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Scientists reconciled to the reality of global warming are discussing geoengineering, or "the deliberate modification of Earth’s environment on a large scale to suit human needs and promote habitability."  High tech ideas include solar radiation management (a humonguous umbrella in the sky to deflect sunrays), iron fertilization of the ocean to stimulate carbon-capturing algae bloom, spraying water on the polar ice cap to thicken it, and stratospheric sulfur aerosol (spraying sulfur in the sky to simulate volcanic action).

Geoengineering -- the word alone has a Buck Rogers, all-science-is-good-and-d@mn-the-consequences, gee-whiz feel to it.  All of the ideas listed above have Unintended Consequences writ large.  Instinctively, I don't like geoengineering.

However, I do like trees.  And mountains.  And critters who live on them.  Read on for bad news and good news: another American animal endangered by global warming, another chance (probably not to be taken) for the Obama administration to take bold and decisive action or (more likely) engage in piecemeal politicking; but geoengineering that the administration will try -- and so can you!

This weekend I encountered many animals while hiking the remote, spectacular Mineral King section of Sequoita National Park.  Some have adapted to humans -- the local marmots have decided that car parts are delicious.  Some have learned to be wary of humans -- I startled several Bambis and their mamas.  And then there's the fast moving American pika, which I saw but couldn't photograph.  The American pika (pronounced PIE-ka, as in "I like-a pie-ka," hence the bad pun diary title) is neither a kind of font nor a yellow Pokemon, but a hamster-sized small mammal that roams the Sierra mountains at about 8,000 to 13,000 feet.  It's particularly vulnerable to warm temperature, dying after one hour at 75 degrees.  Which makes it poster child #2 for global warming (#1 being large, white, and furry).  title=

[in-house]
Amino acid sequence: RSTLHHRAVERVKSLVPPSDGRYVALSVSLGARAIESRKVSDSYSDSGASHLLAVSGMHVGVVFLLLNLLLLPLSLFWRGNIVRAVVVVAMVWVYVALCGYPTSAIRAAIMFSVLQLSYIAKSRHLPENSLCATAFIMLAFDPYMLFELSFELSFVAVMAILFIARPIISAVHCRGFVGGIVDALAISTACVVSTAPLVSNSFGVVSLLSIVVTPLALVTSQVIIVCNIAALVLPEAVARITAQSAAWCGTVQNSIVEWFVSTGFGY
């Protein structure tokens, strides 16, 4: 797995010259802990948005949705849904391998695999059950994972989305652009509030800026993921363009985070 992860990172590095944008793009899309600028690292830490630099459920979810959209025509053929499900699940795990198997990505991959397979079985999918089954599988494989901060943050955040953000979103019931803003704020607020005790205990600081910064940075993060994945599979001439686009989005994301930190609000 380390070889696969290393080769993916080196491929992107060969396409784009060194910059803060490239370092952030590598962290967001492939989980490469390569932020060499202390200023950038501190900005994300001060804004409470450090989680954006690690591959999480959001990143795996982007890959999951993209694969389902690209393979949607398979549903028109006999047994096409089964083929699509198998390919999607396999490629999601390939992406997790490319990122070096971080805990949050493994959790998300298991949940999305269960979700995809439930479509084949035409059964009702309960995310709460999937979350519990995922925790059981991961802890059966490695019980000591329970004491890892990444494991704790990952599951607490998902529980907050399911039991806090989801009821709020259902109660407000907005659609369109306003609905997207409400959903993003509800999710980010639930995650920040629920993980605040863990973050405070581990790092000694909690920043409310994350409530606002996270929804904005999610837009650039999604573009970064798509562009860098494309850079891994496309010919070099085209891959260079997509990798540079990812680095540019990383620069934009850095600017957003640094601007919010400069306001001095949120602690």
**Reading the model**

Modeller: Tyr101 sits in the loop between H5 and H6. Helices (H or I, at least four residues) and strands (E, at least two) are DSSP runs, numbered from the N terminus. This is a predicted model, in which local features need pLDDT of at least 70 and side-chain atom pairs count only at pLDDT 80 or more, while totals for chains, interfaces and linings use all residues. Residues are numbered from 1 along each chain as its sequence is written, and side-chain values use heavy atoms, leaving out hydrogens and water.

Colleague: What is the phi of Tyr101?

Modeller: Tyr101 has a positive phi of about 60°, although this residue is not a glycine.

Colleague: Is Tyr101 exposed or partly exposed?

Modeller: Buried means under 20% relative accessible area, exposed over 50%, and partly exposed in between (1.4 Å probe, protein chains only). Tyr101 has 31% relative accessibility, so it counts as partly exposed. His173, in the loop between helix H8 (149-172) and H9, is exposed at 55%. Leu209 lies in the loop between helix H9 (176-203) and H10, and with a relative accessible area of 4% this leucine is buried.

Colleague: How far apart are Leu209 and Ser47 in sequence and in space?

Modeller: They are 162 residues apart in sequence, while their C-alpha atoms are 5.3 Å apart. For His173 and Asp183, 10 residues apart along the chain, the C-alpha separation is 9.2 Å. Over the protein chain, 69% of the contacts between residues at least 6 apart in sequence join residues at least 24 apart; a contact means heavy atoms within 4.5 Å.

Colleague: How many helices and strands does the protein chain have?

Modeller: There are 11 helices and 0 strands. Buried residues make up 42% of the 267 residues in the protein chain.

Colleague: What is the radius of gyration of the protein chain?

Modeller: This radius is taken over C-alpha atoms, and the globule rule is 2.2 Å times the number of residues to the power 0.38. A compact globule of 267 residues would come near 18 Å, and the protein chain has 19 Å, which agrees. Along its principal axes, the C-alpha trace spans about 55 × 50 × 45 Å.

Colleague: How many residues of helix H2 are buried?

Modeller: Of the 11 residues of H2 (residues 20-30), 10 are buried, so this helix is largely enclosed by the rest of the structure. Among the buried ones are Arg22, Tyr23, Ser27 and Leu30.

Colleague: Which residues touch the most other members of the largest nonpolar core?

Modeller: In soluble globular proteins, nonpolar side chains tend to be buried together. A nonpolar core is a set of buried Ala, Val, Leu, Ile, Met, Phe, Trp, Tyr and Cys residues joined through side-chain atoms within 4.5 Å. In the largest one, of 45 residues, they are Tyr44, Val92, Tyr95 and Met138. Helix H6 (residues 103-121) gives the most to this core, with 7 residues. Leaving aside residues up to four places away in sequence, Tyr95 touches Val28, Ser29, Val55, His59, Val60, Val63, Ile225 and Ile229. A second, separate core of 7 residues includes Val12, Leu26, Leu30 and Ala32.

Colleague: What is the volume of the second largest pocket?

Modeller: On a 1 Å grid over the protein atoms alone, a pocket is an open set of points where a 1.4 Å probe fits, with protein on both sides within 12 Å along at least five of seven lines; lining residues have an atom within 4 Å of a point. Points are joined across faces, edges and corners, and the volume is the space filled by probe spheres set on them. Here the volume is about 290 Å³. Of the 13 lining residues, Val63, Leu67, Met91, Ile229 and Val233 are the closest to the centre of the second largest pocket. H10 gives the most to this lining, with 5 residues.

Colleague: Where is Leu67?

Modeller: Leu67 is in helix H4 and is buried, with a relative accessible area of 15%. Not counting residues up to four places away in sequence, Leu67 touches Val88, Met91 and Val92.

As the pika's habitat warms, it moves further up its home mountain...if it can.  A biologist specializing in studying pikas reports that 8 out of 25 colonies in the Great Basin area (the area between the Rockies and Sierras) are simply gone:

"The pikas are completely gone from a third of their sites," Beever told us. "It's clearly related to global warming," he said, because thermal influences appear to be the most important driver of pika losses. However, Beever also said it is also clear that those temperature influences are combining with other factors -- such as the extent of rocky habitat and land use factors such as roads -- to affect populations across the Basin.

 Unlike some critters, the pika can't descend a mountain to relocate to an adjacent mountain, so it's particulary vulnerable to climate change.

On May 6, 2009, the US Fish & Wildlife Service agreed to study whether the pika should be considered endangered; a final decision is due February 1, 2010.  The pika would be the second animal (after the large, white, and furry one) to be listed as endangered specifically by global warming.  

Which brings us to the polar bear rule.  After dragging its feet for years and being threatened by environmentalists, scientists, and people with common sense, the recalcitrant Bush administration finally agreed to list the polar bear as a threatened species.  Normally the listing would give the Secretary of the Interior the right to regulate development that endangers the species, in this case greenhouse gases.  The Bush administration instead manufactured a "polar bear rule": it would not take any action against the global threat of greenhouse gases, but instead adopt limited, toothless local rules to protect the bear.  Sadly, Obama has continued Bush's policy.